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Joined: Wed Dec 19, 2012 6:46 am


Post by gilzad » Sun Dec 30, 2012 1:21 am

The other day organic_io asked me on the Renoise forums, if I could show him how one can build a Gate by inverting the compressors output and adding it to its source.

I thought there could be more users who'd like to have a Gate, so I'm posting it here.

(Right-click to save)
Example file.
Sunsynth module. <- updated to use the new compressor now
Old Sunsynth module.

Spoken very simplyfied, a compressor just raises the signal after a specified time (Release).
A Gate does the opposite. It quietens the signal after a specified time. (again, Release).
Now, if we want any DSP in Sunvox to do the opposite of its job, we can simply use the cool 'invert' feature in the Aplitude module and add the output to the source signal again.

The example file
In this example, we take a Generator as a source signal. That signal will be sent into a compressor and into the Output module.
The Compressor's output will be sent into an Amplifier module whose 'Invert' parameter is set to true/1.
Now we connect the compressor to the Output, too.
In theory, any part of the Generator's signal, that has not been manipulated by the compressor, will be killed on the output. Because the original signal (e.g. +1) will be added to the inverted signal (e.g. -1). Only that part of the signal, which has been manipulated by the Compressor, will no longer be the exact opposite of the original's source. That turns the Compressor into a gate.
But only in theory, because any Compressor will add a little amount of latency to the signal, thus even the uncompressed part will not be the opposite of the source signal, but a delayed one. You'll get some cool sort of a chorus effect, but we already have a Delay module ;)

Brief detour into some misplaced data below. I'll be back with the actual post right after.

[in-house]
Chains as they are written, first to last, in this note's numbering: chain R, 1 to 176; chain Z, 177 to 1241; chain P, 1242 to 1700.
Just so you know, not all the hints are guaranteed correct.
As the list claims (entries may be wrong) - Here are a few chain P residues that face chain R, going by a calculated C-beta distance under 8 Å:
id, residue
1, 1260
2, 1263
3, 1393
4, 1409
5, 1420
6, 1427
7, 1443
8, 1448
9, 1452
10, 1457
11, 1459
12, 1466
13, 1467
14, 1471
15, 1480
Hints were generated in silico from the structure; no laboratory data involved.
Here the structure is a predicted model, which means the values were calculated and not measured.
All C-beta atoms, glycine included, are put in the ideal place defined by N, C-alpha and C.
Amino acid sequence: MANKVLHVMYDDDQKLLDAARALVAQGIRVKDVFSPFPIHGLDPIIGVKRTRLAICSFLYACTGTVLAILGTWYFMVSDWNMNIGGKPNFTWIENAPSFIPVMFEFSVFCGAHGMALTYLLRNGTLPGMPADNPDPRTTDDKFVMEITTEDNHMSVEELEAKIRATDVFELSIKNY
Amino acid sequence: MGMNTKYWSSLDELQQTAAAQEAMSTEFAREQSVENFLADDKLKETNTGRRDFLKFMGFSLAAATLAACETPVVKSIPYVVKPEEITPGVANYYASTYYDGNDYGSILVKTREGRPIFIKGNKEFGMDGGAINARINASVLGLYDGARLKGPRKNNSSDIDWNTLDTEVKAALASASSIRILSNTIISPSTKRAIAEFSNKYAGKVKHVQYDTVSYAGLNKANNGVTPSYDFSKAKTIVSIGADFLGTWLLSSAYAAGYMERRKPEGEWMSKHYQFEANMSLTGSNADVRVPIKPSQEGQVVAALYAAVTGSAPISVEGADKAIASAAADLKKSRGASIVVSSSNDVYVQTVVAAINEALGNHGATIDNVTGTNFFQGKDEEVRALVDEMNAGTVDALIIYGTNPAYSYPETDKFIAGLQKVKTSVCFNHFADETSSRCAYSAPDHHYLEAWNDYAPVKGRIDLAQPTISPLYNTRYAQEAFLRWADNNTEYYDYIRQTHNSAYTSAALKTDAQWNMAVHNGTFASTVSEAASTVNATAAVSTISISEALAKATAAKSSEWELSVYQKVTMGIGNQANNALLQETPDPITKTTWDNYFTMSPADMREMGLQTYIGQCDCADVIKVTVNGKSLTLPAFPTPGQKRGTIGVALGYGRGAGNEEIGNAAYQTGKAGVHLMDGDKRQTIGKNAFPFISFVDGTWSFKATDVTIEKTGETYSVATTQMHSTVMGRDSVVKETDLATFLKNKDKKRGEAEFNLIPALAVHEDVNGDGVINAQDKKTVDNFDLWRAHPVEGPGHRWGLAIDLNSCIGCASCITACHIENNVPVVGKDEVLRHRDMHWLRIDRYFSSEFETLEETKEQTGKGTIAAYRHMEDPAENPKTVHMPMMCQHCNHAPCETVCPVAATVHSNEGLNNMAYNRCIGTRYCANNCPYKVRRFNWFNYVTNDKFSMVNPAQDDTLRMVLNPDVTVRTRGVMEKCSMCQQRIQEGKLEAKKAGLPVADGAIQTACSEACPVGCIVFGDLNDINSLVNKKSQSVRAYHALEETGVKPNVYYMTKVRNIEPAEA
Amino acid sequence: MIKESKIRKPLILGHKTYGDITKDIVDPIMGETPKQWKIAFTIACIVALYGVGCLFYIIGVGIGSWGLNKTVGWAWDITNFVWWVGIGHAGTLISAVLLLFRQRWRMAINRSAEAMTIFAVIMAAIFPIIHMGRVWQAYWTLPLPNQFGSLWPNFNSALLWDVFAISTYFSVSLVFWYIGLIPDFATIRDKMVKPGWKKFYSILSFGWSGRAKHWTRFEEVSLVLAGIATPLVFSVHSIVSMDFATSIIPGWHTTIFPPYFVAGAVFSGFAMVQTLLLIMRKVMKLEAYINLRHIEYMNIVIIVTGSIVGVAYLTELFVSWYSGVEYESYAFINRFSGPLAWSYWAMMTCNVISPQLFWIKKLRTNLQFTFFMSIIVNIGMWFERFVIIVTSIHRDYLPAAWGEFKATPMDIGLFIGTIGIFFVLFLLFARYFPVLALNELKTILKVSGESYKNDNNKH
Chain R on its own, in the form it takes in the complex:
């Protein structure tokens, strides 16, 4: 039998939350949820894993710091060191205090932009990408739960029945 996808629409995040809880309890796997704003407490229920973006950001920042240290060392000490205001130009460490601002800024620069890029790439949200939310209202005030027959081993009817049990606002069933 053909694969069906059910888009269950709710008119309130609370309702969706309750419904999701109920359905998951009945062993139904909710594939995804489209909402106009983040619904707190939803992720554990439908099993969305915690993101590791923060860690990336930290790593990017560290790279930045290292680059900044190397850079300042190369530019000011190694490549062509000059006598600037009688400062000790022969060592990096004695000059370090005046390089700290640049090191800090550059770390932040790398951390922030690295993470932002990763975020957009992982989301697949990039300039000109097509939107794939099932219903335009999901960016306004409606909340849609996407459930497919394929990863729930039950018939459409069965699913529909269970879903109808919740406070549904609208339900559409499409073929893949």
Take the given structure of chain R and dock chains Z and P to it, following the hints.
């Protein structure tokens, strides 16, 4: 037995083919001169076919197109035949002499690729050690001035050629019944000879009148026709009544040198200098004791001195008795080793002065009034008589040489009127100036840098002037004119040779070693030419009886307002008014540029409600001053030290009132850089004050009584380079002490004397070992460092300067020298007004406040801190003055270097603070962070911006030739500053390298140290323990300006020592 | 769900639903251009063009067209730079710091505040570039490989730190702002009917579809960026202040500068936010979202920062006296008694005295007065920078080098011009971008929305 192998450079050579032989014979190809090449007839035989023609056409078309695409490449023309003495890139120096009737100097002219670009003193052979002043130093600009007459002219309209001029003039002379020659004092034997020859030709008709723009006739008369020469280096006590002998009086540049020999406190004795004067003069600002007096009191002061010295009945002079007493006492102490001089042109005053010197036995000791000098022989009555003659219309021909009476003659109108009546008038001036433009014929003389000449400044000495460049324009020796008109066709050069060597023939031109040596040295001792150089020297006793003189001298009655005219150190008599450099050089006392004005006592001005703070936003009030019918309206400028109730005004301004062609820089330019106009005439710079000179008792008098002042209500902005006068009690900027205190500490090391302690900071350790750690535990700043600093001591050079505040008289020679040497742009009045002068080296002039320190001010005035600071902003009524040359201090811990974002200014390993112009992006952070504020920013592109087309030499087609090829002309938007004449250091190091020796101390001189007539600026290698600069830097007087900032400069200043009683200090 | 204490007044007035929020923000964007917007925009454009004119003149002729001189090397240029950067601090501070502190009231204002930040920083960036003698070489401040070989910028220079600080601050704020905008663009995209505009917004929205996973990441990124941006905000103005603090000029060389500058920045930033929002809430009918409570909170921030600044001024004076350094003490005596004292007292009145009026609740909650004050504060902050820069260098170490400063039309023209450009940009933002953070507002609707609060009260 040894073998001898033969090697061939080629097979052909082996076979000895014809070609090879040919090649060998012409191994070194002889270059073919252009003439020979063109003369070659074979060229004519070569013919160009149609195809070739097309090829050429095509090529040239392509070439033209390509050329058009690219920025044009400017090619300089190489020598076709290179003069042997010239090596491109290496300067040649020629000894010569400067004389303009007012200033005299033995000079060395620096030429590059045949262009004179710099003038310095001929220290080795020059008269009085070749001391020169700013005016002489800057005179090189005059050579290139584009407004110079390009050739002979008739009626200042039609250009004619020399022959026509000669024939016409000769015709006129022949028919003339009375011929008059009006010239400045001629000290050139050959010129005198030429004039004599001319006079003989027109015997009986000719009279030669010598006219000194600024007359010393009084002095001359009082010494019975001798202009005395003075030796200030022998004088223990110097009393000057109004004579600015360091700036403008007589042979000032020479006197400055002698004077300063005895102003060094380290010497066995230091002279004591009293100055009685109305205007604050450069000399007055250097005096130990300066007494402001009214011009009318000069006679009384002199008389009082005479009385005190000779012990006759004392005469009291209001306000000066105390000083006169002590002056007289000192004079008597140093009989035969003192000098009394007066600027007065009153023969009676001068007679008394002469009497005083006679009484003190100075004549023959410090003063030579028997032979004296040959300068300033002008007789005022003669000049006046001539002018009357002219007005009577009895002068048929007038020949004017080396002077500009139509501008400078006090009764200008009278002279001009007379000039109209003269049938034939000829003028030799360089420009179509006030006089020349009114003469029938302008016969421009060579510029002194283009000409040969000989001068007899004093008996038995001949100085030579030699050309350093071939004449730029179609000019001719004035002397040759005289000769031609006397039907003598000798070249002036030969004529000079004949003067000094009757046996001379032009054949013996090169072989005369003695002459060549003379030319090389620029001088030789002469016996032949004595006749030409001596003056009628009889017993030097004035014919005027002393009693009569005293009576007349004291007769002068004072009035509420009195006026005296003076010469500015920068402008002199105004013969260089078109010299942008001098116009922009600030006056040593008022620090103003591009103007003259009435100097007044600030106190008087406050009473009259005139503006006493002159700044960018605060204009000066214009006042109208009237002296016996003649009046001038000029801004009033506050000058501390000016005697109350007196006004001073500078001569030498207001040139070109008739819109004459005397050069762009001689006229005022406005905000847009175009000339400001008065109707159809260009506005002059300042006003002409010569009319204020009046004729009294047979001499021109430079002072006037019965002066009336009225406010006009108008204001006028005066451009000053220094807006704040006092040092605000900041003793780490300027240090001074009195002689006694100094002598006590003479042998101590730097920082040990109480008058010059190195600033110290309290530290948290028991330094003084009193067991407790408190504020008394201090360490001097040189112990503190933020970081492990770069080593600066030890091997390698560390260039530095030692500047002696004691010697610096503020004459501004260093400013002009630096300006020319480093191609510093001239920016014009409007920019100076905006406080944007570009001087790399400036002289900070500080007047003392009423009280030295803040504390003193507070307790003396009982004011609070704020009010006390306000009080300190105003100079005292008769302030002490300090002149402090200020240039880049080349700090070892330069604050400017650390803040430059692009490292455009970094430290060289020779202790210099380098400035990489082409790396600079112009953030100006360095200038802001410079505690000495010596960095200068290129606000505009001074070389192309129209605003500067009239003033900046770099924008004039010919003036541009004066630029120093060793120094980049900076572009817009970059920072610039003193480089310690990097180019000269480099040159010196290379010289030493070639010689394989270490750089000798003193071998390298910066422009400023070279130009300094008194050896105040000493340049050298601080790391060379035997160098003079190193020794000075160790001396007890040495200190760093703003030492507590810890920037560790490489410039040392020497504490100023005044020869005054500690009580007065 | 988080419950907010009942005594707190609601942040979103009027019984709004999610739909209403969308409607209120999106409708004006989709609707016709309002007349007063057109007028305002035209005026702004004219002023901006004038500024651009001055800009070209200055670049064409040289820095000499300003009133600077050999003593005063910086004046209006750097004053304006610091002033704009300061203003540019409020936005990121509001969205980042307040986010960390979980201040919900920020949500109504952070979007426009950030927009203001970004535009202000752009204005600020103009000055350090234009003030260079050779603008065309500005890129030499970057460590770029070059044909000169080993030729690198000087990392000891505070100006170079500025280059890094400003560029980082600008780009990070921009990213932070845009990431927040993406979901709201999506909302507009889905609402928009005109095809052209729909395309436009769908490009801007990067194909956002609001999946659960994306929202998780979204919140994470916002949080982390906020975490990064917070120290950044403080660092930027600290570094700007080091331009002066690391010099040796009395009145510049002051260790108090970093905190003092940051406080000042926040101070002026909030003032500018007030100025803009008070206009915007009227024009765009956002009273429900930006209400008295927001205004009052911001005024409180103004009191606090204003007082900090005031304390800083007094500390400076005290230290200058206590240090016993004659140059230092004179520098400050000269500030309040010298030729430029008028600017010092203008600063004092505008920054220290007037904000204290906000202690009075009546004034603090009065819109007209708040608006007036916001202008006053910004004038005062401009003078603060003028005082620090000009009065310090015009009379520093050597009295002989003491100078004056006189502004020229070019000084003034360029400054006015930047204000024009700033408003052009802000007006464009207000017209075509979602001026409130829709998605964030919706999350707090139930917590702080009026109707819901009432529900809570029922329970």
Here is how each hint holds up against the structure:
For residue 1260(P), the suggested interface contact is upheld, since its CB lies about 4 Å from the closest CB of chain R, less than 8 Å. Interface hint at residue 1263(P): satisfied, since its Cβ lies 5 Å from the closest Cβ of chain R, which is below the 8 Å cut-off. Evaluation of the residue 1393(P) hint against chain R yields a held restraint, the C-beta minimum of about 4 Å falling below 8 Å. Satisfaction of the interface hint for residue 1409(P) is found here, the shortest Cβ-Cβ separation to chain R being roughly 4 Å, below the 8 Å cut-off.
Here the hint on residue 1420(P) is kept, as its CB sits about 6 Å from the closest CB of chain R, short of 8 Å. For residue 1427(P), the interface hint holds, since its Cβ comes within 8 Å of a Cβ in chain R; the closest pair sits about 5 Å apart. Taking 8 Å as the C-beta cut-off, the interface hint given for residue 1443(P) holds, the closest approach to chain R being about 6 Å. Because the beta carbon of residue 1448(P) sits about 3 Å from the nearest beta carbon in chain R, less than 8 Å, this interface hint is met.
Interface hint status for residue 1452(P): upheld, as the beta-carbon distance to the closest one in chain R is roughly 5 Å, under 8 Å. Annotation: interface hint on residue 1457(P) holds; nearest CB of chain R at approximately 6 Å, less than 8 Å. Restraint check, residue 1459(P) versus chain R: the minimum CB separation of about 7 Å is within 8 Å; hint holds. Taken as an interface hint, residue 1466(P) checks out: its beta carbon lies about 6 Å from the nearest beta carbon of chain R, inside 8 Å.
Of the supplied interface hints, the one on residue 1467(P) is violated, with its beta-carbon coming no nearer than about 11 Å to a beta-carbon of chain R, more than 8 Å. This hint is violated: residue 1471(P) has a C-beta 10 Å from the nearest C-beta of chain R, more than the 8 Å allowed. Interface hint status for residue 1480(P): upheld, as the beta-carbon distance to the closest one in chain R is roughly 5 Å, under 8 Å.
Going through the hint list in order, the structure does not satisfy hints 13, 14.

So the only thing we have to do, is to apply exactly the same amount of latency to the source signal, before we add it to its inverted version. This is simply done by putting another compressor into the chain, whose Slope parameter is set to zero.

What is happening
What happens now is the following:
A signal comes in, that would pass the Compressor's threshold.
The Compressor quietens the signal after the specified Attack-time. Then, if the Threshold isn't exceeded anymore, the Compresor will raise the signal again after the specified Release-time.
This manipulated signal will be inverted and then added to its uncompressed source.
Now during the Compressor's Attack-time, the inverted output will be the exact opposite of its source, so you won't hear anything.
After the attack time has passed, the quietened signal will be a quieter opposite of its source, thus you will hear a remaining difference of 'source+opposite'.
If a signal does not exceed the Compressor's Threshold, it will again pass the Compressor as the exact opposite of its source and thus be killed by 100%.
If a signal exceeds the Compressor's threshold, it will pass the Compressor as a lowered/quietened opposite of its source and ideally not be killied at all.

Exactly for this case the 'wrong' routine of SunVox's old compressor is so much better for a gate, because it can kill the signal by 100%, if it's loud enough. That's why the old version of the Gate is still provided here.

Thanks go to my friend, Niklas Winde, who once tought me how to create opposite effects with inverted signals using his large analog setup.

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